The Cause of and the Treatment for Rebound Headaches
Rebound headaches are caused by the overuse of pain medication used to treat headaches. Also known as “medication overuse headaches,” they only occur in people who have a headache disorder, and they typically stop once you stop taking the medication that’s causing them, according to the Mayo Clinic. Rebound headaches can be intensely painful, and the process of weaning yourself off the medication can be very difficult, especially if you’ve developed a dependence on it.
The Cause of Rebound Headaches
According to Ament Headache Center in Denver, research suggests that the near-daily use of headache or other pain medication may alter pain pathways and receptors in the brain. This leads to an increased perception of pain, and the medication ultimately worsens the pain rather than relieving it.
However, those who are unaware that the medication itself is the culprit may treat increasingly frequent headaches by taking more frequent doses of medication or by increasing the dose. But according to Johns Hopkins Medicine, this leads not only to more headaches, but to a vicious cycle of experiencing excruciating pain and medicating that pain, which, in turn, often leads to a physical and psychological dependence on the pain medication.
Medications that Cause Rebound Headaches
Some of the medications that can cause rebound headaches include:
- Short-acting, over-the-counter pain medications like aspirin and acetaminophen
- Combination pain relievers that contain caffeine or butalbital, a sedative, or combine acetaminophen and aspirin
- Migraine medications like triptans (Imitrex) and ergots (Ergomar)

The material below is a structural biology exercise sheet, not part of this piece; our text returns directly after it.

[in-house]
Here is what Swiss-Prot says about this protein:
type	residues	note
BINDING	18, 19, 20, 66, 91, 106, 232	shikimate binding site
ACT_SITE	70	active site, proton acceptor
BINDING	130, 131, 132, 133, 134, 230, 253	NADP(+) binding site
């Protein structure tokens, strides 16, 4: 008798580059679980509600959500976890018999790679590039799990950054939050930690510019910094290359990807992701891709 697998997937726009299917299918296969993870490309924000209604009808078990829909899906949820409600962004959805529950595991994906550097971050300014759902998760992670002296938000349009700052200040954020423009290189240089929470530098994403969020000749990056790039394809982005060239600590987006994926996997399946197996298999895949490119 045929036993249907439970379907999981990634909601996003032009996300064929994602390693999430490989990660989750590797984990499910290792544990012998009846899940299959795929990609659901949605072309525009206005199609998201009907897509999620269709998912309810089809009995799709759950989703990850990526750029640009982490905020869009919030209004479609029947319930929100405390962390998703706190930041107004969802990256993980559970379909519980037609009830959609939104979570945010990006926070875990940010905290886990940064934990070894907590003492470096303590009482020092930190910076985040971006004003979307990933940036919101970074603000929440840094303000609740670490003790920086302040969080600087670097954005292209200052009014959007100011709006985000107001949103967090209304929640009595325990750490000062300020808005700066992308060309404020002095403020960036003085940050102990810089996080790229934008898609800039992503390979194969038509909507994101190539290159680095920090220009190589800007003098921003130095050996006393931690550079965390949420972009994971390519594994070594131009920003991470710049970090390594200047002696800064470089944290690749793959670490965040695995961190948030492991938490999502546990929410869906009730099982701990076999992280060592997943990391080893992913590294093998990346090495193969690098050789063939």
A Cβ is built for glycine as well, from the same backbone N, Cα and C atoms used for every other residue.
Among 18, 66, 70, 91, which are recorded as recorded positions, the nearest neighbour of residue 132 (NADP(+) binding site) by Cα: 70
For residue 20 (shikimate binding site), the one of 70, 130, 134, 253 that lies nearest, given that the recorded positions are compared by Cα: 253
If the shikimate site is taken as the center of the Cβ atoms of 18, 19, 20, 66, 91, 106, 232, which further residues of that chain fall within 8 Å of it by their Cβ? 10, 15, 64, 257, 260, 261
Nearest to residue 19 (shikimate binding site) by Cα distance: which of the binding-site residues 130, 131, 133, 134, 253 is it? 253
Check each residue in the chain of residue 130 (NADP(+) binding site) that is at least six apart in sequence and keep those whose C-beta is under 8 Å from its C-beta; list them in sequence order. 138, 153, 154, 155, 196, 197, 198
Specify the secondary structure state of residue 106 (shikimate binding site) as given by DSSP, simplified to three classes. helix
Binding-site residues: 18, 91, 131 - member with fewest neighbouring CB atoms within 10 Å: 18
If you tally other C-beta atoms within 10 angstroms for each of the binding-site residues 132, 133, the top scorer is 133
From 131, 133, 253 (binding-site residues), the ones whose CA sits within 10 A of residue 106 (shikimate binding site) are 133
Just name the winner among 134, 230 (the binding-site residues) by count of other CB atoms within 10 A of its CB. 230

- Opiate painkillers, including Tylenol with Codeine
Daily caffeine consumption may also trigger rebound headaches once the effects wear off.
Symptoms of a Rebound Headache
Rebound headaches may feel the same as those for which you’re being treated, or they may feel different and occur with other symptoms.
Rebound headaches tend to:
- Occur almost every day, often waking you up in the mornings
- Improve with medication but return when the medication wears off
- Occur at times with other symptoms, including nausea, irritability, impaired memory, lethargy, and difficulty concentrating
- Require higher or more frequent doses of medication for relief
- Get worse over time
Treating a Dependence on Pain Medication
Will End Rebound Headaches
If you have rebound headaches that require near-daily doses of medication and you’re also addicted to the medication itself, ending your rebound headaches will depend on treating the addiction. Johns Hopkins Medicine recommends inpatient treatment after detox. Since you’ll likely experience intense headaches and other symptoms during detox. Other withdrawal symptoms will depend on the medication involved and may include strong cravings, irritability, and anxiety.
During the withdrawal process at a detox center, other medications will likely be administered to help control the pain, reduce cravings, and alleviate other withdrawal symptoms. Additionally, various types of traditional and alternative therapies will be offered to help you learn to cope with your headache disorder, improve your overall health, and address triggers for both your headaches and medication cravings.